We are in the dead of winter here in Canada – and yes, I’m well aware that it isn’t even winter yet and it’s only November. I am a giant suck and a fair-weather runner, who happens to have a gym only minutes away from my house. Let’s just say, the treadmill is mighty tempting when the temperatures start dropping.
To make myself feel better about how often I choose the gym over the snow-covered sidewalks, I have made a handy pro and con list about making the switch to the ‘mill during the winter months.
Pro: You don’t need to worry about pacing yourself
I have been running for a few years now, yet my downfall remains the ability to properly pace myself. I’m starting to know the difference between how my body feels between a 7:00 minute kilometer and a 7:30 kilometer. But why worry about all that when my handy, dandy treadmill holds the speed for me. Consistency has been tough for me, as I have run a ton of intervals while training for races. Running machine miles has helped me build my base back up, for which I will be eternally grateful.
Con: It doesn’t replicate the real thing
Even the flattest course has more inclines than a treadmill. According to Runners World, setting the treadmill at a 1-2% incline can simulate the “intensity” of outdoor running and make up for the lack of wind resistance.. I’ll be honest, I rarely run on an incline. If I’m doing a interval run, I’m more likely to switch it up than if I’m running a big chunk of miles that day. It’s important to be cognizant of the fact that your treadmill time will not be the same as your outdoor time.
Pro: You can wear whatever you want and not need to worry about bundling
Heading out for a snowy run means loading on lots of gear. Two pairs of socks, running tights, multiple long sleeve shirts, a wind breaker, vest, toque, and gloves are necessary evils. I often feel like a tiny toddler tumbling around in my snowsuit when I go out on winter runs. However, my gym is beautifully climate controlled and I strategically place myself near the fans. I can wear shorts and tanks, race shirts and capris, whatever I feel like. Not only do I feel less like a bundled-up baby, it means less laundry. Win, win.
Con: It’s boring as all hell
It is so boring staring off into space. At the last gym I went to, the machines were pressed up against windows on a busy street, which at least lead to interesting people watching. Now, I’m stuck gawking at the people on the ellipticals, which makes me feel like quite the voyeur. I had to switch to podcasts on my longer runs to stave of the boredom. Mix up your playlists or turn on the television to make the time go by faster.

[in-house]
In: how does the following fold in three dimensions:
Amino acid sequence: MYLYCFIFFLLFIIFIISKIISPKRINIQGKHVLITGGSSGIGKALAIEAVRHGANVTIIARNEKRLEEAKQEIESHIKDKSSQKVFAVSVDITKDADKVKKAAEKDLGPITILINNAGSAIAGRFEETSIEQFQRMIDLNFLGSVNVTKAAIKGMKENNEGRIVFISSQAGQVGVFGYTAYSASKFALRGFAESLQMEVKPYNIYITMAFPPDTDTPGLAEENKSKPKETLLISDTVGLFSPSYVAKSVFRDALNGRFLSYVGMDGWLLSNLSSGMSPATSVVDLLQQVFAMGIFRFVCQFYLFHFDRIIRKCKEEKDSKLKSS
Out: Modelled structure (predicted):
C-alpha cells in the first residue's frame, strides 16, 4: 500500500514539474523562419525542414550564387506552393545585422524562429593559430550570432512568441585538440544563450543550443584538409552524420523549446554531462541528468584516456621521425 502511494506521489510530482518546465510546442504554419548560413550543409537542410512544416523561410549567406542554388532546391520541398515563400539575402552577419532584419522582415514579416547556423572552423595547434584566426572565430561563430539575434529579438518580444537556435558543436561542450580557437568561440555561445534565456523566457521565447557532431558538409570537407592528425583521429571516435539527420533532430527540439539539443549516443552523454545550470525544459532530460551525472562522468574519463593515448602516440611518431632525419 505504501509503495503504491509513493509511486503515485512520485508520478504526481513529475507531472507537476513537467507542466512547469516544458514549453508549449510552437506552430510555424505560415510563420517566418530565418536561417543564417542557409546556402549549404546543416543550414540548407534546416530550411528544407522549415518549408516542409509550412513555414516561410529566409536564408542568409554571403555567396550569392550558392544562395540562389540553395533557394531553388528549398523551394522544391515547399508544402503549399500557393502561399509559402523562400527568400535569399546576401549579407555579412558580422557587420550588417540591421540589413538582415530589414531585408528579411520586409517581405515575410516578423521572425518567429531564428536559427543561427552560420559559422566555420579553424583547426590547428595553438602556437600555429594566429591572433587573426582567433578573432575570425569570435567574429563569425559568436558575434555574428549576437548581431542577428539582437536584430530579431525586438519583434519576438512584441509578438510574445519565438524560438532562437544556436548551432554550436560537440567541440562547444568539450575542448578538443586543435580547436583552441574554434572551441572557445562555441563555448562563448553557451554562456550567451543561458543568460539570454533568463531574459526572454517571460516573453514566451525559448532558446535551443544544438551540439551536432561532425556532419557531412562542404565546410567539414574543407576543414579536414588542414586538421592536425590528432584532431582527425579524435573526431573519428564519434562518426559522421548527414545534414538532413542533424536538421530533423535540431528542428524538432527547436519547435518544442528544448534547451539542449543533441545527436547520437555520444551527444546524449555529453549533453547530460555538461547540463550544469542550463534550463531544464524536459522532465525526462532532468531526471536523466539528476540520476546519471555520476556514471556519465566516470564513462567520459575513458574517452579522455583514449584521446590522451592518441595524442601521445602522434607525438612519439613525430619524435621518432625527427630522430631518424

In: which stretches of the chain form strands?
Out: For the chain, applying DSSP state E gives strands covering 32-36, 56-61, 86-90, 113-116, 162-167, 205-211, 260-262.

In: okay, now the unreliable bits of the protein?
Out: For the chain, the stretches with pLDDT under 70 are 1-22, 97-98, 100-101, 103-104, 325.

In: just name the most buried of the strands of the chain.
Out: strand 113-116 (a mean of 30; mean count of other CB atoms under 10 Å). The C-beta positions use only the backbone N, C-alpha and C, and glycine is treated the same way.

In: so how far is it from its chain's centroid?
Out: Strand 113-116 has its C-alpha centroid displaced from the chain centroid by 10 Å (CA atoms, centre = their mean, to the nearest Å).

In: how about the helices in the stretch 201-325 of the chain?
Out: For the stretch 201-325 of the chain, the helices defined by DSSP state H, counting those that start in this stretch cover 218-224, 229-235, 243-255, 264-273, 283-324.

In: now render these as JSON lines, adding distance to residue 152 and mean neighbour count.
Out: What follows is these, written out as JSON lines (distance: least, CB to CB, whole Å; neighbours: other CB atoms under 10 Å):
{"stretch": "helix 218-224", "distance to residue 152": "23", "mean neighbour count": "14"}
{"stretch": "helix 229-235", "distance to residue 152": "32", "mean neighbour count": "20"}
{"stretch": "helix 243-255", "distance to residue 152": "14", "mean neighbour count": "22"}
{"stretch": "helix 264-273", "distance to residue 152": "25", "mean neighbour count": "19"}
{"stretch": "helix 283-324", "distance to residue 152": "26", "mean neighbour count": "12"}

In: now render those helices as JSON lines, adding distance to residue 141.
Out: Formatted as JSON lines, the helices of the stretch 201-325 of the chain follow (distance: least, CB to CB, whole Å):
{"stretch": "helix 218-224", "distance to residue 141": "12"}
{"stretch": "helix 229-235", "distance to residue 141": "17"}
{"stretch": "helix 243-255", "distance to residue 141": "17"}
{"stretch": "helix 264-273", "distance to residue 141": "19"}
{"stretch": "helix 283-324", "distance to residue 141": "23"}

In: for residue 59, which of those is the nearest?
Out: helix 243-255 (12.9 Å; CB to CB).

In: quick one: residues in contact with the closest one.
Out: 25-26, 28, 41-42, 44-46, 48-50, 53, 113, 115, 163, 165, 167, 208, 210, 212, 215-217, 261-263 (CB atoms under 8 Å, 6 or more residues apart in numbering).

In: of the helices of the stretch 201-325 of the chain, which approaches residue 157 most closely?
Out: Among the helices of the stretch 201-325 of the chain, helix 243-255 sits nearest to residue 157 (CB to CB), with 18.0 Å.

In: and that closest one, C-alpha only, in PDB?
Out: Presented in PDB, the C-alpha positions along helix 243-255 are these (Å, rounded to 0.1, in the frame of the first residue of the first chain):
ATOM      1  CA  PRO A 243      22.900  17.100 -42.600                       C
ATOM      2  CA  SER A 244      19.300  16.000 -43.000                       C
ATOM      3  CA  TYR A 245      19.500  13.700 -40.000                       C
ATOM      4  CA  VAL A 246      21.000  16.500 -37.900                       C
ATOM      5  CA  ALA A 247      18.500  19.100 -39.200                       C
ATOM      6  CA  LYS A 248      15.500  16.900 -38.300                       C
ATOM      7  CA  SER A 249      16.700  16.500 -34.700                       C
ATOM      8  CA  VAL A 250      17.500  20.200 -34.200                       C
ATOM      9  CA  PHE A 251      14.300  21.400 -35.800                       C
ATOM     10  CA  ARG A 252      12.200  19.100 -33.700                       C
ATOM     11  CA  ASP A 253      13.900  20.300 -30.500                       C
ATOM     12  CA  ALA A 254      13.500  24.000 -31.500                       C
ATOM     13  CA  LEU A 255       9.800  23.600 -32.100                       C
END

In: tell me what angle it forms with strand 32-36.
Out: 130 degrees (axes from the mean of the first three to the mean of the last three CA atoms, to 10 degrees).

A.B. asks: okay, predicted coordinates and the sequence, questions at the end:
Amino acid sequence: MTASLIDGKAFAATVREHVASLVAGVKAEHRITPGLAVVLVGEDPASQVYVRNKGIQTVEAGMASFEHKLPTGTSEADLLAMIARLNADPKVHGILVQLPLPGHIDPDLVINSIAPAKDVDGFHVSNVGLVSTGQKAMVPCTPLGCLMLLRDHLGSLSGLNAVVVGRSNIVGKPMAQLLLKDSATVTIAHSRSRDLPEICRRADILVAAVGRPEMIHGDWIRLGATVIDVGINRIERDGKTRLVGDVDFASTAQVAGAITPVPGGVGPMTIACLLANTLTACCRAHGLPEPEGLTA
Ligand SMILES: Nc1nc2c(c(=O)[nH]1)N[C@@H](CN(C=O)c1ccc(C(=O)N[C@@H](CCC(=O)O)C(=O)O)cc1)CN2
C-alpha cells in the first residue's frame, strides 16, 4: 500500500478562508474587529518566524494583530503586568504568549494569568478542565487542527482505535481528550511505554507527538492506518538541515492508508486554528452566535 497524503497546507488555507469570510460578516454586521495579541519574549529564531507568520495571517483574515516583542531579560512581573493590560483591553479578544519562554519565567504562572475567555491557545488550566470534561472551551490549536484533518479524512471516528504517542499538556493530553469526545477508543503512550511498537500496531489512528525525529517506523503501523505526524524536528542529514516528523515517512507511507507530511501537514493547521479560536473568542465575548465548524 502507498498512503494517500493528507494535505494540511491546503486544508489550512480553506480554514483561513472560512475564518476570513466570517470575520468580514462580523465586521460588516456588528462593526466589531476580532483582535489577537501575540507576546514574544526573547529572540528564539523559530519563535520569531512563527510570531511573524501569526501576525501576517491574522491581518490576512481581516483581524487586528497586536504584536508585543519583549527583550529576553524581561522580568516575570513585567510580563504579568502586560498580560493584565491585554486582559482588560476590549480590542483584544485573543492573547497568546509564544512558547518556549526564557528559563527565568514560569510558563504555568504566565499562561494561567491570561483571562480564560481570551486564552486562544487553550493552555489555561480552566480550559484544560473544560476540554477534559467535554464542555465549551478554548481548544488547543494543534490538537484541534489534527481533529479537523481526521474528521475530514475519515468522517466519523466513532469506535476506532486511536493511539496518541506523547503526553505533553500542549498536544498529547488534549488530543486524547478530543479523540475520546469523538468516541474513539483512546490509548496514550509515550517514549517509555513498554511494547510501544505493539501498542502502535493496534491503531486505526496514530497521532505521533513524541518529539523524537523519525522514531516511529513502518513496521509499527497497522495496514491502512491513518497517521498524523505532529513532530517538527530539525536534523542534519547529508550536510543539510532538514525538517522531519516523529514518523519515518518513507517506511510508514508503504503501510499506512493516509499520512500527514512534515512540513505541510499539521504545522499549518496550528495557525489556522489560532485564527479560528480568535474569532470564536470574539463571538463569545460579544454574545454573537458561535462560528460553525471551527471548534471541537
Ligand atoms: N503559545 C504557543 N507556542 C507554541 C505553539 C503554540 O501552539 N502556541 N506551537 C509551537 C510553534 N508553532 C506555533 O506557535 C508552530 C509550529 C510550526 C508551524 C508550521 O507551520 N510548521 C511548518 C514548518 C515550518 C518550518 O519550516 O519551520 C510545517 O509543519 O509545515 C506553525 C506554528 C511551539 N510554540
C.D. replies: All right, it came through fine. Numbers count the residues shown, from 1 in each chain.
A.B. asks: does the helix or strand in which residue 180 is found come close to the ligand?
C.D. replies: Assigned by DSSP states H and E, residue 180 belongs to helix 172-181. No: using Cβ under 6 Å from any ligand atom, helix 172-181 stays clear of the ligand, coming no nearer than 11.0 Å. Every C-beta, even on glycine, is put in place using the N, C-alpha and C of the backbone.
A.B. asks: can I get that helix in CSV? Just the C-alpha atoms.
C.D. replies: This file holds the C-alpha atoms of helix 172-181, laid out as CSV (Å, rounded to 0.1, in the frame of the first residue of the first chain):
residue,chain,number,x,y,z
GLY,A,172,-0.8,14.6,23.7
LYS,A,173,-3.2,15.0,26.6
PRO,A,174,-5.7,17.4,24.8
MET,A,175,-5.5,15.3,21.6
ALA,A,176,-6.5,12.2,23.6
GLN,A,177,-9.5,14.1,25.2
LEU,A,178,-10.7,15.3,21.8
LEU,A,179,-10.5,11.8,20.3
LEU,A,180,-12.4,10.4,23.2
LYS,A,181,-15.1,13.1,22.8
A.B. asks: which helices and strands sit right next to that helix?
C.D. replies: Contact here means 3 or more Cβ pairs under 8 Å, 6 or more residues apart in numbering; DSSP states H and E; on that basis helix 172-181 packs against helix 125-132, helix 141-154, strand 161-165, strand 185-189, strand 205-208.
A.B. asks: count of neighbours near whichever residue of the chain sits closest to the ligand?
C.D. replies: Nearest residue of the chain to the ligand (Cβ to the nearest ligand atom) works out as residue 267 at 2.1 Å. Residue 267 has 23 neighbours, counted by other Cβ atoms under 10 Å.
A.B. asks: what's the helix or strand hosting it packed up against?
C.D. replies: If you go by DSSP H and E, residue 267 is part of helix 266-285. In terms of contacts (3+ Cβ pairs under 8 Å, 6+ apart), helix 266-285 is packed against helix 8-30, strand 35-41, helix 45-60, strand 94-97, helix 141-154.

Pro: Intervals and speed-work are made easy
Working on your speed with fartleks or hammering out some 90/60/30 intervals (THOSE ARE MY FAVE, BTW)? You can use the settings already on the treadmill or set your own. You can vary the speed at the push of a button. So easy.
Con: You’ll never get medals for your ‘mill miles
With the exception of virtual ones, races are never run on a machine. You will never have the energy boost from a cheer squad and will never know the sheer joy of chasing down a runner who you’ve been tracking the whole race. The miles are just that, miles. Not a race. Not an experience.
Pro: Hello water-bottle holder
With all its handy compartments, you will never need to hold onto your gear while running on a machine. I happily prop up my water-bottle, towel, and iPhone on the treadmill and don’t have to worry about whether my running capris have pockets. Handy, dandy.
Con: Horrible treadmill neighbours
Stomping, snotting, sweating, coughing, stripping. You name it, I have likely had a treadmill neighbour do it. Don’t even get me started on creepers. I feel like people forget common courtesy in the gym. No, I don’t want to chat. No, you don’t need to cough all over the treadmill beside me when there are plenty of other machines available. No, you shouldn’t be kicking the front of your treadmill when there is plenty of room behind you. People are the worst. And, you can’t run away from them.
Pro: You never have to come back to the starting point
Most of my outdoor runs are giant loops or out-and-backs. There is no worse feeling that hitting the wall 5 miles from your house and still having to make your way back to your front door. I try to plan my distance out perfectly, but this can easily leave me stranded far away if I’m just not feeling it that day. Treadmills have your back, though. You can run as much or as little as you want and still be the same distance away from home. Bonus!
Con: You never really learn to pace yourself
With your handy dandy treadmill doing the work, you never really learn to trust your body. A mile is a mile, a speed is a speed. All you have to do is turn up the speed and/or incline on the machine. To me, running on a treadmill is like relying heavily on your Garmin. I still need to put in more work and be more aware of my body before I can successfully pace myself.
The bottom line, though, is to stick with what you will actually run. I know there is no way I’m going to run outside when there is a foot of snow or a cold snap. I do know that a short shake out run is more likely to happen outside than a long-slow Sunday jaunt. For me, I am going to set myself up for success and chose the terrain that is the most comfortable for my mileage. I will never feel guilty for being a treadmill runner. And you shouldn’t either.